On 12 Apr 2018, at 7:49pm, Thomas Kurz <sqlite.2...@t-net.ruhr> wrote:

> [Simon Slavin wrote]
>> A similar thing happens when you specify that a column has affinity of REAL. 
>>  In both cases, SQLite considers that the CREATE command knows better than 
>> whatever specifies the value, and does the conversion.  However for the 
>> number to be stored the conversion has to be reversible.  If SQLite reverses 
>> the conversion and doesn't get the original string back it stores the string 
>> instead.
> I don't think this is actually the case:
> create table test (i integer, r real, s text);
> insert into test (i, r, s) values (3.141592653589793238462643, 
> 3.141592653589793238462643, 3.141592653589793238462643);
> insert into test (i, r, s) values ('3.141592653589793238462643', 
> '3.141592653589793238462643', '3.141592653589793238462643');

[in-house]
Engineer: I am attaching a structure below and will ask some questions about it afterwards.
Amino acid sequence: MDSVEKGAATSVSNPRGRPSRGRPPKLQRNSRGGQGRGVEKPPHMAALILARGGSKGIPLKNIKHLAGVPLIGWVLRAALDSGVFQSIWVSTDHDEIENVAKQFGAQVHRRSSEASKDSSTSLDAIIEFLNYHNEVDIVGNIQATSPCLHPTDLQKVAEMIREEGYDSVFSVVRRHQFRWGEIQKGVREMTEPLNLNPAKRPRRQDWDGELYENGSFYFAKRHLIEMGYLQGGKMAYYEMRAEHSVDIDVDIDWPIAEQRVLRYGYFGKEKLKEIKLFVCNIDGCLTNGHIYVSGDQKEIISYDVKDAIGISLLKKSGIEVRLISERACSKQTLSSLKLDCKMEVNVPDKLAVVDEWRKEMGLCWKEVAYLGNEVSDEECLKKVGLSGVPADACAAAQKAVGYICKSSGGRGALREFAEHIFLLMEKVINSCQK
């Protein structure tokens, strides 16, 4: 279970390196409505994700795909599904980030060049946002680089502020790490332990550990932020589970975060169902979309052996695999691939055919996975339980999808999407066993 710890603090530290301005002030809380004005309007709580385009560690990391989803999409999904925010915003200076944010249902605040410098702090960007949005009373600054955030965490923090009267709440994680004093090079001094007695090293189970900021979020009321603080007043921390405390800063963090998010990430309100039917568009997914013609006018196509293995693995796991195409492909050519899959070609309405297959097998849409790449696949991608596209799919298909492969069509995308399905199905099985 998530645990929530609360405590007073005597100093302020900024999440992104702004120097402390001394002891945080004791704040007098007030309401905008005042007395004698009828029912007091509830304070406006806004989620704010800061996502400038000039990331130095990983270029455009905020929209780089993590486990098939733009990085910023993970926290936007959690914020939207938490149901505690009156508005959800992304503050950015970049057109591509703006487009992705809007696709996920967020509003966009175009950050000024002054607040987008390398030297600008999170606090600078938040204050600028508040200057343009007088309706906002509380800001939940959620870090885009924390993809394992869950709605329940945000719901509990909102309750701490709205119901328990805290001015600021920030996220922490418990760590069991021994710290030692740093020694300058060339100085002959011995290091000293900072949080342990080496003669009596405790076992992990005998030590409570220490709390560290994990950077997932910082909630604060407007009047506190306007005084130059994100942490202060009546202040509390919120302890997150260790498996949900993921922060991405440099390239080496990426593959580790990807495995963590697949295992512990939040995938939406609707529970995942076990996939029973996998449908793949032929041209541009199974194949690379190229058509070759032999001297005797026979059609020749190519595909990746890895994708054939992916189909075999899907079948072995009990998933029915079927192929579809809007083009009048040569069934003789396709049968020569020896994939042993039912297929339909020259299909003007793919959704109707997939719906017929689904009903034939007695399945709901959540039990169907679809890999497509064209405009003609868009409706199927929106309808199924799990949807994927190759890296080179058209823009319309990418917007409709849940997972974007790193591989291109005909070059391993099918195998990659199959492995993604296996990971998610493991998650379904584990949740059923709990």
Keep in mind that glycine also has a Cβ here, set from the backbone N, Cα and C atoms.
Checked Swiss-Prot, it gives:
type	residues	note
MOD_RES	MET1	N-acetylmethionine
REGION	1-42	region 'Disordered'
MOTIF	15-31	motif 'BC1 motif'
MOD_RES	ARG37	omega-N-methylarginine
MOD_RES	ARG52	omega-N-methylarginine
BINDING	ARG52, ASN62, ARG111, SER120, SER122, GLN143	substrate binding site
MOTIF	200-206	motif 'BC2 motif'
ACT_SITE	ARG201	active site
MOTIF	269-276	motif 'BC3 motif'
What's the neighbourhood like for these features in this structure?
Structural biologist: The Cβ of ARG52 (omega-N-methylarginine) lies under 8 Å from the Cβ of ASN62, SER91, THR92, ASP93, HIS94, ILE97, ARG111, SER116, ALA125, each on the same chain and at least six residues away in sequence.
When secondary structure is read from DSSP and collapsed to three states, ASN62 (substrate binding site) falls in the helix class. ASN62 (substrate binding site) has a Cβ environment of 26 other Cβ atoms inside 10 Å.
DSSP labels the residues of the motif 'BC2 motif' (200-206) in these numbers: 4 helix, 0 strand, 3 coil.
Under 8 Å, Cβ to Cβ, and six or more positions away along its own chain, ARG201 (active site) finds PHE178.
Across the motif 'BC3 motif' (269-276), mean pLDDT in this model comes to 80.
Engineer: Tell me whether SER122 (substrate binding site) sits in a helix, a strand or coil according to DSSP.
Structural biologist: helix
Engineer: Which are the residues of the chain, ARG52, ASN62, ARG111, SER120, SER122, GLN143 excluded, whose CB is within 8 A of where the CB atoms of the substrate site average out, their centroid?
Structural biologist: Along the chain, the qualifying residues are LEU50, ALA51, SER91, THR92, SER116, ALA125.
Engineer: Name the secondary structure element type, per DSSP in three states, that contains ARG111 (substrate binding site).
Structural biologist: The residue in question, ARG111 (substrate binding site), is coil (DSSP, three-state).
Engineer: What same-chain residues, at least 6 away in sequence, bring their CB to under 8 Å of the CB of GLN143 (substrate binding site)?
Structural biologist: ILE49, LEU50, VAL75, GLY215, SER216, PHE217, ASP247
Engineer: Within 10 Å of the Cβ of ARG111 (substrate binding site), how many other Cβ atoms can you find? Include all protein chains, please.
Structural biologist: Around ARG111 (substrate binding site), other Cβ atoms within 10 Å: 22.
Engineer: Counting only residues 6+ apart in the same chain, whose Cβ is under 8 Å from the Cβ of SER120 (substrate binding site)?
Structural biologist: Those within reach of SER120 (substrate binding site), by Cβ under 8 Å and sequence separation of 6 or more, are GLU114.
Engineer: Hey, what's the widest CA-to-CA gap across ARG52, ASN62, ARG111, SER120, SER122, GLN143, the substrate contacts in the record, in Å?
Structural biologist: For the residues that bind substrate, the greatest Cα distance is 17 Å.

> select * from test;
> In any case except of actually storing the string to column s, I get the 
> stored value truncated to 14 decimals.

From the above data (nice test dataset, by the way):

sqlite> SELECT i,typeof(i) FROM test;
sqlite> SELECT r,typeof(r) FROM test;
sqlite> SELECT s,typeof(s) FROM test;

Where you specified that you wanted a string stored and provided a string in 
the INSERT command, SQLite stored a string.  In all other cases SQLite had to 
handle the value as a number at some point in the storage process, and it 
turned it into a floating point value as long as its floating point library can 
handle.  Since it would have to reduce the precision in this way before doing 
any mathematical operation on the resulting value, this counts as 'identical 
and reversible'.

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